The Festival of Purim commemorates a time when the Jewish people living in Persia were saved from extermination – a story recounted in the Hebrew Bible's Book of Esther.
As part of the celebrations, members of Aberdeen's Jewish community and staff at the University will join Edinburgh Rabbi, David Rose, to hear the whole tale read from biblical scrolls believed to date back to the 15th century.
This is the fourth time the University has held the annual event, which is one of the most joyous holidays on the Jewish calendar.
Costumed children are encouraged to boo, hiss and stamp their feet – and generally make as much noise as possible – during the times in the service when Haman, the villain of the story, is mentioned.
"There is an active and vibrant Jewish community in Aberdeen, and across Scotland, and the Festival of Purim still has great meaning to members of the Hebrew community," explained Professor Chris Fynsk, Head of the School of Language and Literature at the University.
"The story of Purim is told in the Biblical book of Esther in which we are commanded to eat, drink and be merry. It is also a tradition to send out gifts of food or drink, and to make gifts for charity.
"It is a real family festival and we encourage people, especially the younger people, to get dressed up and bring along their own noisemakers. Rabbi Rose gave a warmly remembered performance when we first held the event in 2006 and we are delighted to have him back in Aberdeen."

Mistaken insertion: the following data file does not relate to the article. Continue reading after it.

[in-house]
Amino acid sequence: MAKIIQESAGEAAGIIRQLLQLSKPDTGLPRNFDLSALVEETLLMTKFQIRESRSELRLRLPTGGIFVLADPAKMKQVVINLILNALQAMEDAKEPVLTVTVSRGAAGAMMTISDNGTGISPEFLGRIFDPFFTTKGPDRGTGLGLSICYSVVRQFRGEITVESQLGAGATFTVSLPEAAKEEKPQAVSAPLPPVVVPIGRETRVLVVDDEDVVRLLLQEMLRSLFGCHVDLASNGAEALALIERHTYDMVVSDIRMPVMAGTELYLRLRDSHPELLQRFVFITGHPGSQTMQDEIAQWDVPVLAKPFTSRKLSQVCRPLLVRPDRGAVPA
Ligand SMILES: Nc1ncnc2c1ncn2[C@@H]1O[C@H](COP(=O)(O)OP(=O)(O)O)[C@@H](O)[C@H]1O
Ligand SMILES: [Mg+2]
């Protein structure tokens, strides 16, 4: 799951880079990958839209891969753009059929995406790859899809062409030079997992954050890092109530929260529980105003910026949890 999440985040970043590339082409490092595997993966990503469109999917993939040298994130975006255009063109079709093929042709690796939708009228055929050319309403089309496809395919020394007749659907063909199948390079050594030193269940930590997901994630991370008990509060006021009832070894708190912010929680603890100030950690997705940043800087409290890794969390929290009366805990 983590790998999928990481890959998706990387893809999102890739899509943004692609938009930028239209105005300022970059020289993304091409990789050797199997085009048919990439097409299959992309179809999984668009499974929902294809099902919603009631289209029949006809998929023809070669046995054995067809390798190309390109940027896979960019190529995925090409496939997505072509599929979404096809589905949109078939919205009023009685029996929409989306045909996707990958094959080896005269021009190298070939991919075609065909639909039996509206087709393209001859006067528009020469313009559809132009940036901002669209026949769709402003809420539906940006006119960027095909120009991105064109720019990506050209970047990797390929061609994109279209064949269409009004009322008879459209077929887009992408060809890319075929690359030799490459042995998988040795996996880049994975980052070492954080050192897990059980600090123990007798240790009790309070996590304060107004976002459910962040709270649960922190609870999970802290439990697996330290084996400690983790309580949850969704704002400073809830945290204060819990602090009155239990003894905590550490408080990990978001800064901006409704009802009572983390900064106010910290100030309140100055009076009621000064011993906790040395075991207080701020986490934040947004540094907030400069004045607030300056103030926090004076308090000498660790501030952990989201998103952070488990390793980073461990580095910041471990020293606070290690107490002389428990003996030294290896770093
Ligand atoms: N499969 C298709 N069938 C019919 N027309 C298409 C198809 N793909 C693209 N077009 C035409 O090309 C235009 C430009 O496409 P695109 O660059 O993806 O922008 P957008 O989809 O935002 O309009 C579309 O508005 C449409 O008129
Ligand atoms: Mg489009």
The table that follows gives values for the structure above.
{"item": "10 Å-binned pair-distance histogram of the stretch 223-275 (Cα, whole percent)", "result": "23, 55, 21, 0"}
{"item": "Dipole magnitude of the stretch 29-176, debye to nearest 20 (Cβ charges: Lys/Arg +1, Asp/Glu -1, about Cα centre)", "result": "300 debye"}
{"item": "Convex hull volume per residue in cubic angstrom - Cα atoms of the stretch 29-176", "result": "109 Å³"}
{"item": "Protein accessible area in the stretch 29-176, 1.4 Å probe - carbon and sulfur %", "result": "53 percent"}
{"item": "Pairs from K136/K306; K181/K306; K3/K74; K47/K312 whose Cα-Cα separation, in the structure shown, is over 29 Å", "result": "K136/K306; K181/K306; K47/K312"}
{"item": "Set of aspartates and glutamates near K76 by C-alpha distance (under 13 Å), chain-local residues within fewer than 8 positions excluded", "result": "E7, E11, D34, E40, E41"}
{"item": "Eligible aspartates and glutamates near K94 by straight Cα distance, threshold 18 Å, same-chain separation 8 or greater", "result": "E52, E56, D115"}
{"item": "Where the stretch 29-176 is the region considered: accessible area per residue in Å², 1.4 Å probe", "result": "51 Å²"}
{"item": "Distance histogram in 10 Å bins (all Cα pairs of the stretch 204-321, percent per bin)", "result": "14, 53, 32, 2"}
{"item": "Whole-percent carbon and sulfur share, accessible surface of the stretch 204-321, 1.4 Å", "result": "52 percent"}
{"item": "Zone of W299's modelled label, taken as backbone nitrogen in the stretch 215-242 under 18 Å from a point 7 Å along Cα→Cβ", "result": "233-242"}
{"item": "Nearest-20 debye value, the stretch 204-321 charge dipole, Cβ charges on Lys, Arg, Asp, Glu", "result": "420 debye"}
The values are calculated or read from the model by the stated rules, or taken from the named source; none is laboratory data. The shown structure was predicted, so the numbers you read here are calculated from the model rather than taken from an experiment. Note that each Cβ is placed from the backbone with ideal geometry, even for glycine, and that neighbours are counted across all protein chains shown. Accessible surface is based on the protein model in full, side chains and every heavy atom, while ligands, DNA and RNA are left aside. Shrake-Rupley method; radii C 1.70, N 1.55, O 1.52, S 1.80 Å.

The University safeguards a quarter of a million rare books and manuscripts, including a rich collection of over 1,000 items related to Jewish religion and history. The collection also includes the two scrolls of text from the Book of Esther.
Tuesday's event is co-sponsored by the Aberdeen Hebrew Congregation and made possible with the generous assistance of the University's Special Collections team. It will take place at 3:30pm in Room 614 of the MacRobert Building.
Notes to Editors
The story of Purim is told in the Biblical Book of Esther. The heroes of the story are Esther, a young Jewish woman living in Persia, and her cousin Mordecai, who raised her as his daughter. Esther was taken to join the harem of the Persian King Ahasuerus, who loved her so much that he made her queen. But the king did not know that Esther was a Jew, as Mordecai had told her not to reveal her identity.
The villain of the story is Haman, the king's arrogant and egotistical advisor, who hated Mordecai and tried to turn the king against the Jews. The king gave the fate of the Jewish people to Haman to do as he pleased, and Haman planned to exterminate them all.
Mordecai persuaded Esther to speak to the king on behalf of the Jewish people. This was risky, as people who entered the king's presence unsummoned could be put to death. Esther asked all the Jews to join her in fasting for three days before she went to the king. He welcomed her, and she told him of Haman's plot against her people. The Jewish people were saved, and Haman was hanged on the gallows that had been prepared for Mordecai. Purim is celebrated on the 14th day of Adar, which is usually in March. The 13th day of Adar is the day that Haman chose for the extermination of the Jews, and the following day, the 14th, they celebrated their survival.
Issued by the Communications Team, Office of External Affairs, University of Aberdeen, King's College, Aberdeen. Tel: (01224) 272014.
Issued on: 10 March 2009